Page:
To mark the 80th anniversary of the establishment of the Protectorate of Bohemia and Moravia, the outbreak of the Second World War and above all the introduction of the Nuremberg Laws in the Protectorate, the Documentation Centre (in close collaboration with the Museum of Decorative Arts in Prague and the Area Heritage Administration at Sychrov) decided to organize an exhibition of selected items that have been identified in this manner.
Out of several thousand artefacts that were looted during the war and have been verified by the Documentation Centre (for the sake of objectivity, it must be conceded that this process would have been much more challenging without the very detailed records kept by the Germans at the time), the institutions organizing the exhibition have decided to display only those items whose original owners have been identified beyond doubt.
In the large majority of cases, the owners were not collectors in the true sense of the word; they were simply people who had these items in their homes. They lived alongside the items, and they had some kind of personal connection with them. On the other hand – and this is particularly important – the fact that these items have survived means that we have been able to identify the names of their original owners, despite the fact that from autumn 1941 onwards the authorities systematically used transport numbers instead of actual names. The exhibition presents around a hundred named original owners – and of course this is just a tiny fraction of the total number of Protectorate Jews who were murdered during the war. Yet although they are few, it is of profound importance that we remember and commemorate them. Each of these people was unique; each lived their own individual life. Among them were the rich and the poor, factory-owners and small traders, university professors and people with just a basic education, married and unmarried, divorced and widowed, those with families and those who lived alone. Some of them had lived in Czechoslovakia throughout the inter-war period, while others had returned there after living Germany or Ostmark (Austria). Many of them had fled into “rump” Czechoslovakia from the Sudetenland when it was seized by Germany following the Munich Agreement; after finding an apartment or a rented room, they were forced to move once more and live with another Jewish family, as the German authorities had issued a decree that all Jews should be removed from the part of Prague on the left bank of the Vltava River. Of course, this decree was targeted mainly at the owners of villas and apartment blocks in these districts of the city. They inevitably had to leave behind large amounts of their property in their abandoned homes, and today there is absolutely no way of locating this property; it was evidently taken by Reich citizens who moved into the vacated homes in large numbers (or also by Reich institutions, in the case of large villas). The names of the original owners a mother of young children, whose husband was executed for his political resistance activities shortly before the family’s planned deportation. There is also a young woman who was placed on a transport with her parents just a week after her wedding, still listed under her maiden name; her adoring husband voluntarily joined the next transport in order to remain with his wife until their death.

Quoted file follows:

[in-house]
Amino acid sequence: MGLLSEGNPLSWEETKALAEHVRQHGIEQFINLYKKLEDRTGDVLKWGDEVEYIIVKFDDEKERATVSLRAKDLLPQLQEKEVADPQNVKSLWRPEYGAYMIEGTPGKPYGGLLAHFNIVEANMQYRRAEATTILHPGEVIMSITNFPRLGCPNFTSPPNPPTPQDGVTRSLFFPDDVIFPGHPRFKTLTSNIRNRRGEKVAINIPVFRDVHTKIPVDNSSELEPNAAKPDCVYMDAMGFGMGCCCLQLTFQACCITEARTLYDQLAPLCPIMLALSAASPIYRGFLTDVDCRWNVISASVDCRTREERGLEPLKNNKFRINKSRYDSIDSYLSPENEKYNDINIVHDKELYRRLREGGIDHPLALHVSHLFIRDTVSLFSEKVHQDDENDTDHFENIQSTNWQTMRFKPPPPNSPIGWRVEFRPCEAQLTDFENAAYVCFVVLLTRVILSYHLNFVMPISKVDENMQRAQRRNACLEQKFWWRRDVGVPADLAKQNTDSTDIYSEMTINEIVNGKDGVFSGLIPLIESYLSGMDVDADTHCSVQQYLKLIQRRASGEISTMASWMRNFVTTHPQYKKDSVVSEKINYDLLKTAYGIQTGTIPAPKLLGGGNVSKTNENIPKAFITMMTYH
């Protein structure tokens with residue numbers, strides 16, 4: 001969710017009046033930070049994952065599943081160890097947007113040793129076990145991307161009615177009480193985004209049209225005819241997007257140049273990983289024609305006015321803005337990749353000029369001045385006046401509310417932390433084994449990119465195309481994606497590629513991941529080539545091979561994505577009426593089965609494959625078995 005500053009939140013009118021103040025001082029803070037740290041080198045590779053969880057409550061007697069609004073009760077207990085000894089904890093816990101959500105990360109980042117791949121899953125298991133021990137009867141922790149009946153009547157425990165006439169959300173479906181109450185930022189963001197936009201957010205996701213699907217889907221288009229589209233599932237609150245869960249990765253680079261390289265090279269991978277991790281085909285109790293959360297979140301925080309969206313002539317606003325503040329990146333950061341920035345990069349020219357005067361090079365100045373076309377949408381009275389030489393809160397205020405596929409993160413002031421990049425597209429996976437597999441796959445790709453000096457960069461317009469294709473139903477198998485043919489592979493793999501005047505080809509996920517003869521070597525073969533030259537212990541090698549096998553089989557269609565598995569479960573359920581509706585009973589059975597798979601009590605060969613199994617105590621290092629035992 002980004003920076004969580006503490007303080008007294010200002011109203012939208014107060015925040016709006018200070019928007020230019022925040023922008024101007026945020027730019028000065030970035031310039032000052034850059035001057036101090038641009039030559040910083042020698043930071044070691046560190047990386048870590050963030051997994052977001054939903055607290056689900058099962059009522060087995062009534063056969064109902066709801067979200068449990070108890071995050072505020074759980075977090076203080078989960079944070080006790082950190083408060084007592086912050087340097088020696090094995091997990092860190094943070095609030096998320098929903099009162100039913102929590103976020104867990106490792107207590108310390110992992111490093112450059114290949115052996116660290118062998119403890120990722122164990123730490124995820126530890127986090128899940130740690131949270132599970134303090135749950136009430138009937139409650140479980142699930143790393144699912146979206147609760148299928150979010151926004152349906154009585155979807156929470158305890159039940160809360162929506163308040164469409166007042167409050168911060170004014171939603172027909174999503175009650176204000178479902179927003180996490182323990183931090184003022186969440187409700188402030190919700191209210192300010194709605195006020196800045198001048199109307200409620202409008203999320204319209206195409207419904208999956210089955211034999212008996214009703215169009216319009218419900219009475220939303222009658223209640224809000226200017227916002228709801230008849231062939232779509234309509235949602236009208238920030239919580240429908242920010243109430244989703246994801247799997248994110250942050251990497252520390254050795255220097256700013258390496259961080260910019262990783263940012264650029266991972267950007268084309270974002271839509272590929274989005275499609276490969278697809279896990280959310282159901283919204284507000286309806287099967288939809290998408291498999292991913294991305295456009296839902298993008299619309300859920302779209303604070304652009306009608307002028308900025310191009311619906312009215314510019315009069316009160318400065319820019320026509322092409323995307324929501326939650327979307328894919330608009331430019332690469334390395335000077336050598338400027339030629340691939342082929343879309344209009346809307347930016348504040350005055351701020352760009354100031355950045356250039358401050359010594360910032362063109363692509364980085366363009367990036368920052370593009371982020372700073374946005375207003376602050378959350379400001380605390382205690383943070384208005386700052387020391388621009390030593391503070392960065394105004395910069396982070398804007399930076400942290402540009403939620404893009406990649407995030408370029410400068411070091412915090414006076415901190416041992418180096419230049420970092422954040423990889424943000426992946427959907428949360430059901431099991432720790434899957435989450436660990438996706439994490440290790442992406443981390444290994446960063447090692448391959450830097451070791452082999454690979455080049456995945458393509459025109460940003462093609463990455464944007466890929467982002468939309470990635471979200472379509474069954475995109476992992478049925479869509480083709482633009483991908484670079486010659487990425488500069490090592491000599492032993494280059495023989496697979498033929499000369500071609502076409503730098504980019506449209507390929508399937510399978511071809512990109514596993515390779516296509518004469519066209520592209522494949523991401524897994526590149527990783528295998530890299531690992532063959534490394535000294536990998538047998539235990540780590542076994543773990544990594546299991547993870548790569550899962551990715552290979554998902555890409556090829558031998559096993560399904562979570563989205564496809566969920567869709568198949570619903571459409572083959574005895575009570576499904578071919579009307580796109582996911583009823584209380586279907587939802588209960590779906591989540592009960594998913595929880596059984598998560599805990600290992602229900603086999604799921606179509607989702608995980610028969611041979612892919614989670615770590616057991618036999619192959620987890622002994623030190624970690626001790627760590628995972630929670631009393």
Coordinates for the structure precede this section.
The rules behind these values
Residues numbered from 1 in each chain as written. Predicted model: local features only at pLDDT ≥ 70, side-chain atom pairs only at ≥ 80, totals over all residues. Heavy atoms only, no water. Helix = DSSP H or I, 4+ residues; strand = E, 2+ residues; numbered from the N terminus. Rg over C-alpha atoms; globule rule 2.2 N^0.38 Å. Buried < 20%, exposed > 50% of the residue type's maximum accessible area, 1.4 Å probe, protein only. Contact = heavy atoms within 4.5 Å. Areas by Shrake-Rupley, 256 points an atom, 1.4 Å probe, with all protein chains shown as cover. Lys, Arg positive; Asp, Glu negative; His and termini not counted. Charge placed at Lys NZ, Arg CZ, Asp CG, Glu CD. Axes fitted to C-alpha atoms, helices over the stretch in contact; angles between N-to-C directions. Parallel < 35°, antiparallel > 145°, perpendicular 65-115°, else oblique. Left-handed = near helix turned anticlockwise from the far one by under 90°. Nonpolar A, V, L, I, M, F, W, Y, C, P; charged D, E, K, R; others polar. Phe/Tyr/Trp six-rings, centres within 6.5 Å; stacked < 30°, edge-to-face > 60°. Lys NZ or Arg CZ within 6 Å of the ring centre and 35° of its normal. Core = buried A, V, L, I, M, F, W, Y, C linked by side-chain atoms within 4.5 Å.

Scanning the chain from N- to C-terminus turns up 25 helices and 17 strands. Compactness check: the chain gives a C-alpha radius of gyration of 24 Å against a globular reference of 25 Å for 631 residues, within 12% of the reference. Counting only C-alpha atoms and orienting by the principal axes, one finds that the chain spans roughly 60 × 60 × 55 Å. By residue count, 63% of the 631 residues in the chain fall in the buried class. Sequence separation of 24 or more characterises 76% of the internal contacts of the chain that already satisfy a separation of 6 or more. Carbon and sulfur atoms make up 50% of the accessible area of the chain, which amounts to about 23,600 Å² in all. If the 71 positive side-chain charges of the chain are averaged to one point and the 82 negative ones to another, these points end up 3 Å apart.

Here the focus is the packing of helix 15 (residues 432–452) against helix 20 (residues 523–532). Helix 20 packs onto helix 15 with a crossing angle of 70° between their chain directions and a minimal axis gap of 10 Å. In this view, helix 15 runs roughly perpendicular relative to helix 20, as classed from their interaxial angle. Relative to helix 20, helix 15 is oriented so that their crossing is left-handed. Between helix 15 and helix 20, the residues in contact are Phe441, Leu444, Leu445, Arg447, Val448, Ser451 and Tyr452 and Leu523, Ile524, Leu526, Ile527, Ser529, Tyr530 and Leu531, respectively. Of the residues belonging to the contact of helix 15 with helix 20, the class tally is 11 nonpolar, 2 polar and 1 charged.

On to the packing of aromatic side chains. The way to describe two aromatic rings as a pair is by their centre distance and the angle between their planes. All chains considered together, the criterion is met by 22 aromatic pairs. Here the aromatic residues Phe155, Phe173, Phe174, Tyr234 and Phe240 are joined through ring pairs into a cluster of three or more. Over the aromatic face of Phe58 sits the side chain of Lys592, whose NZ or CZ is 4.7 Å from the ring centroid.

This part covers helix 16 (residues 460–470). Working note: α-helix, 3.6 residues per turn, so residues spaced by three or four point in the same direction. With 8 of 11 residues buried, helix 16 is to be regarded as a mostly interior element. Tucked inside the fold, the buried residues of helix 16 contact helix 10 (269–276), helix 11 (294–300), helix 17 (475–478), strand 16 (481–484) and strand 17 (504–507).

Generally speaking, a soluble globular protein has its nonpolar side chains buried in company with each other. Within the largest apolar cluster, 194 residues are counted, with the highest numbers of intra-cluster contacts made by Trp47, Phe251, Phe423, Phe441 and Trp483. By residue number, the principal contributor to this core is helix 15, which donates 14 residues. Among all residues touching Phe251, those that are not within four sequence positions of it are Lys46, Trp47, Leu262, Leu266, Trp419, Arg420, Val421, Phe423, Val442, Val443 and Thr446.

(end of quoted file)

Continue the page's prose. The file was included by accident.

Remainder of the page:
For these reasons, the items presented here are not valuable merely as museum exhibits; above all, their value lies in the fact that they silently commemorate the lives of their original owners, who are long dead. After many years, these items have helped us to restore these original owners’ names and identities.